Improved data analytics and data sharing practices are helping Essex County Council to support public services while adapting to hard-hit budgets.
Essex is one of the largest counties in the UK, with 1.5 million residents, and has numerous district, borough and town councils within it. At the heart of its data plans is the creation of the Whole Essex Information Sharing Framework (WEISF), which sets out guidelines for how data can be accessed by a variety of public sector and not-for-profit organisations in the area.
“It has been signed up to by all public agencies in the county and is being used in anger now to establish information-sharing protocols,” said Essex County Council CIO, David Wilde, speaking at Big Data World conference in London this week.
“[We have] gone on to establish collaborative platforms on which we are sharing information that is legal, is understood, we have permission for and is of the quality that ensures that what comes out from that data is valid and is useful in terms of decision-making.”
One of the successes of the data analytics work has been an initiative to tackle fraud. The council announced last year that it had set up a data sharing scheme to tackle millions of pounds in lost council tax revenues due to errors and fraud. This is supported by use of Microsoft’s Azure cloud platform.
Wilde said: “We have in place a programme where we have taken in multiple data sets that have helped us identify housing benefit fraud, people that have more than one property are renting them out illegally and claiming benefit, or people who are claiming benefit multiple times. And in the county council and for county shared between us and the district, we have managed to identify and bring back £14 million in that period in terms of council tax recovery.”
Making data-sharing work
Crucial to the success of the WEISF project is the close of involvement of all parties using the data.
“One of the things that we did when we started off on this was to make sure that everybody had skin in the game," Wilde said. "People pay to sustain the service, the county council doesn't fund it. It is a shared effort co-founded by public agencies and actually by some private ones, and also by some not-for-profits on the basis that they are funding the ongoing maintenance and development of this framework and underpinning protocols behind it.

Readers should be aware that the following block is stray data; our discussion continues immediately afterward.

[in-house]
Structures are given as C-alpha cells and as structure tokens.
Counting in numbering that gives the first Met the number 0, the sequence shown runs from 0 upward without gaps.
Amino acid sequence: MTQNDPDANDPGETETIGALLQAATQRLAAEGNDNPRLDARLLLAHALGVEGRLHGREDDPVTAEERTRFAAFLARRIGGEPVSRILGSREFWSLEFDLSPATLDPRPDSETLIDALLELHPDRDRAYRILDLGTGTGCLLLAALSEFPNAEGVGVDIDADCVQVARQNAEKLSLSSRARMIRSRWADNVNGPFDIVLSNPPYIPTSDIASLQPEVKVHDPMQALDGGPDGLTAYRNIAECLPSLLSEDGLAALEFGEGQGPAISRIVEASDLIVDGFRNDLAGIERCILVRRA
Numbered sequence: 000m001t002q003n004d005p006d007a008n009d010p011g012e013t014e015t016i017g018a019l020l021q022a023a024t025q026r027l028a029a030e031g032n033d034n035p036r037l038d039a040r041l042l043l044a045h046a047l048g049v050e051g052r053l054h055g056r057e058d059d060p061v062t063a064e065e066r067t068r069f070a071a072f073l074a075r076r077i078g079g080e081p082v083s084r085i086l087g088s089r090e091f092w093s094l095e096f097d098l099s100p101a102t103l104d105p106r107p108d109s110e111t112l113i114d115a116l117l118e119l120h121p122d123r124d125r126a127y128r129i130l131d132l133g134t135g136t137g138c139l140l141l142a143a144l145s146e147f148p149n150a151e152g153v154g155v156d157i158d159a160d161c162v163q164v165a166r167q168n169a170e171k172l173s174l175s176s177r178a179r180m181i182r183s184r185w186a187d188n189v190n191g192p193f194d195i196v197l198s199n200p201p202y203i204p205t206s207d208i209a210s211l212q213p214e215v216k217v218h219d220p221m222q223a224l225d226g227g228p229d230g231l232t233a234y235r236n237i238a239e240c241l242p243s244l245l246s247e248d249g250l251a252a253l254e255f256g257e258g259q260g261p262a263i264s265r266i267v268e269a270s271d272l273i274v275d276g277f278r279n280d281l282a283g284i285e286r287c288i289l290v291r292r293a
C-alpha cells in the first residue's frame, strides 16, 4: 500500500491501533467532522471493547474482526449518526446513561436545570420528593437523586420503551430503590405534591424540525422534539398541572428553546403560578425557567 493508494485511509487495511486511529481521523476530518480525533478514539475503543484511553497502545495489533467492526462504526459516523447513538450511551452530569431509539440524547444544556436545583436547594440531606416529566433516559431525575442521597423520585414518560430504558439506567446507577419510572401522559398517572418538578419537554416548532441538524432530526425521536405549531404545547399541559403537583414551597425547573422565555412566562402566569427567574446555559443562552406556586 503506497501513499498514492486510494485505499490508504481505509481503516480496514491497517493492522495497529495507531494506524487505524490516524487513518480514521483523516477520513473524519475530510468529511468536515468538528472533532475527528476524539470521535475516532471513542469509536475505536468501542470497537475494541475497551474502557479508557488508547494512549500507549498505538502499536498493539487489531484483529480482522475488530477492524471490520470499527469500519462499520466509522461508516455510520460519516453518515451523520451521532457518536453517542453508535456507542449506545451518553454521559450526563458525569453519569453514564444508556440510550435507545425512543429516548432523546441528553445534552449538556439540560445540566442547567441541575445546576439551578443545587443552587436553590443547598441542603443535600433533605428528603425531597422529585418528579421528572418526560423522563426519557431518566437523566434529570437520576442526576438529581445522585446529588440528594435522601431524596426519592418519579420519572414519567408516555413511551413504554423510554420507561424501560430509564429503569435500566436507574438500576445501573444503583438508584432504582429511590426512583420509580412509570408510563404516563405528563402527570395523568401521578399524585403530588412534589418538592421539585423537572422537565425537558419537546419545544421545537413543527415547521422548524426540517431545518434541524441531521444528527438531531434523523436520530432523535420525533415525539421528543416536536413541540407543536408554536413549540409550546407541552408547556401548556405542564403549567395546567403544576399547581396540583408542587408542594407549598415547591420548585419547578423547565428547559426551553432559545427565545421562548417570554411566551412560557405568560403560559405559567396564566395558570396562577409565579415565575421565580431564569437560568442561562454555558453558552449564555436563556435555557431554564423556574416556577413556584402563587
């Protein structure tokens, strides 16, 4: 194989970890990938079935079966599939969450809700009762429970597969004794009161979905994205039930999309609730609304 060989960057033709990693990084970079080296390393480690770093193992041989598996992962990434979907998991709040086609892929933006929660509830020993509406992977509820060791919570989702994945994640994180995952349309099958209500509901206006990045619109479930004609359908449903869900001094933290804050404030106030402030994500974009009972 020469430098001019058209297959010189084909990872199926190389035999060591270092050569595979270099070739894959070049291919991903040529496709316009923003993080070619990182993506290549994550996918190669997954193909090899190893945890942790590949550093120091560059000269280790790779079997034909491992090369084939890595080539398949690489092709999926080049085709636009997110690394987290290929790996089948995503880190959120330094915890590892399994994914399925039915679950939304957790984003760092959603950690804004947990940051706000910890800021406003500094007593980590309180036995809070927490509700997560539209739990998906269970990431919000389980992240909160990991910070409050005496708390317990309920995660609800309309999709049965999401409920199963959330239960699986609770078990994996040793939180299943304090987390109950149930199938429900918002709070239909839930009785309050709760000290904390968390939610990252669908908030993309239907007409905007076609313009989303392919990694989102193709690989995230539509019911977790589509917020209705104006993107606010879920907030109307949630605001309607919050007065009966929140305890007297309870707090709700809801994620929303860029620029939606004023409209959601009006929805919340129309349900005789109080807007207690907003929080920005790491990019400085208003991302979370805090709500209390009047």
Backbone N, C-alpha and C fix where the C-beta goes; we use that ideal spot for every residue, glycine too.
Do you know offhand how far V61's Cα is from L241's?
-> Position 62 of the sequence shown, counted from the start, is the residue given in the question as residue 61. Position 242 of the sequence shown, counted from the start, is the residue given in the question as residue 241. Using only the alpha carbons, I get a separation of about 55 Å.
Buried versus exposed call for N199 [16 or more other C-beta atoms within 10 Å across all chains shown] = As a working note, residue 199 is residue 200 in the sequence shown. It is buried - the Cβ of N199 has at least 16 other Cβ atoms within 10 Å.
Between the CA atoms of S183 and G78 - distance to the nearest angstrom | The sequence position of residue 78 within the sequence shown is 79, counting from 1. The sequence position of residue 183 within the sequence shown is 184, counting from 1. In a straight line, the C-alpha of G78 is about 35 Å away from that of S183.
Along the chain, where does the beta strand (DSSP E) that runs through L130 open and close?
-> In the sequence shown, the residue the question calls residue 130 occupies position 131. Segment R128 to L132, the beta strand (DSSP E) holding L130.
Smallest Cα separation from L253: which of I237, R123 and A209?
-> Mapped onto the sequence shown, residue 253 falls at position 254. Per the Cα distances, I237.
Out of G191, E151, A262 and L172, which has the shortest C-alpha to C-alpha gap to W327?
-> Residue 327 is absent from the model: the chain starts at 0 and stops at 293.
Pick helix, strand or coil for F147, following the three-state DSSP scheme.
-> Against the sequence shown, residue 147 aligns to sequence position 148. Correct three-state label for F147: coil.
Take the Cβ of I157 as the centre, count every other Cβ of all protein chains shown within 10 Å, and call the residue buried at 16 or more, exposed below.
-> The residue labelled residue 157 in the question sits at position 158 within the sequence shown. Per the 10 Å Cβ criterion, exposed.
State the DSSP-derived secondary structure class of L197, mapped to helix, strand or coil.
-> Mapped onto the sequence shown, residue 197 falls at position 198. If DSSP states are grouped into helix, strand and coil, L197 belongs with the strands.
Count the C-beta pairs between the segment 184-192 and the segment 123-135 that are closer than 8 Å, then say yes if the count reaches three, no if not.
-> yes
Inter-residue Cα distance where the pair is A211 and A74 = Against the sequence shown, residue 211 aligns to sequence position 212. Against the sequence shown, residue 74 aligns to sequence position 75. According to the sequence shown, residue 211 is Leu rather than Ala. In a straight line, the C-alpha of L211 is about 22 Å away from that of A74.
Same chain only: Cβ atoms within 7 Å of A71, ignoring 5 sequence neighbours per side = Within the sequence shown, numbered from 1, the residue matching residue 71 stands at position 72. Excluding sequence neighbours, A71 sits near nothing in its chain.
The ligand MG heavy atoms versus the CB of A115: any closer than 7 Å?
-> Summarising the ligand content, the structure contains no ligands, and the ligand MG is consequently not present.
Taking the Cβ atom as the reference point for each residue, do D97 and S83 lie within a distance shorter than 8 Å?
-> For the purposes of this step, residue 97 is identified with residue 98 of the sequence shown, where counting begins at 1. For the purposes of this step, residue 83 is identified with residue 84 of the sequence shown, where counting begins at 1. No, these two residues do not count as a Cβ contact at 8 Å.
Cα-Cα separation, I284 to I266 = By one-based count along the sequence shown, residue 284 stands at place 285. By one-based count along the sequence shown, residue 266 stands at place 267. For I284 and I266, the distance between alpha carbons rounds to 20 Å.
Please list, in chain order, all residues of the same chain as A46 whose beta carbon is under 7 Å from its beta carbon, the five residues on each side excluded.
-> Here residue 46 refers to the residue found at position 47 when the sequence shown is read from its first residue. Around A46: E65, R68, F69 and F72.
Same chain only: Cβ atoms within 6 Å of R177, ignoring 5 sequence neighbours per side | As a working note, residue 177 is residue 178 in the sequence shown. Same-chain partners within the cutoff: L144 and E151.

"That way, if people pay to use things they tend to pay a bit more attention to actually how they are working and treat it with a bit more respect in terms of what they are there to deliver.”
Wilde said the public sector has, on the whole, not had a great record of managing and using data in the past. However this is an area that Essex County Council is intent on in improving.
“We do have to look within ourselves in public service, a lot of our data is pretty rubbish and what we need to do is make sure that the quality of the data we are dealing with is of a standard that enables us to make sure decisions [around delivering services) are built on safe foundations.
“In Essex we have spent four years cleansing our social care data, in recognition of the fact that if we don't have that data right we could make life changing decisions based on false premises, and that is not underestimating the seriousness with which we need to treat this information.”
Having a well-coordinated data strategy has other benefits too, with the General Data Protection Regulation (GDPR) looming on the horizon. Wilde said that the work council has already carried out around data governance and transparency leave it well placed to adapt to any framework put in place.
“We are lucky we are one of the leaders in the country around information governance and we are working closely with the ICO and others around the implications of GDPR,” he said.
“I take the view that I need to take our population with us around data, and it is a privilege to use what they choose to let us use to actually make those decisions. So GDPR for me isn't a threat in that context, provided you are starting from the right place, and that really bring to life the Whole Essex Information Sharing Framework and how we work that through.”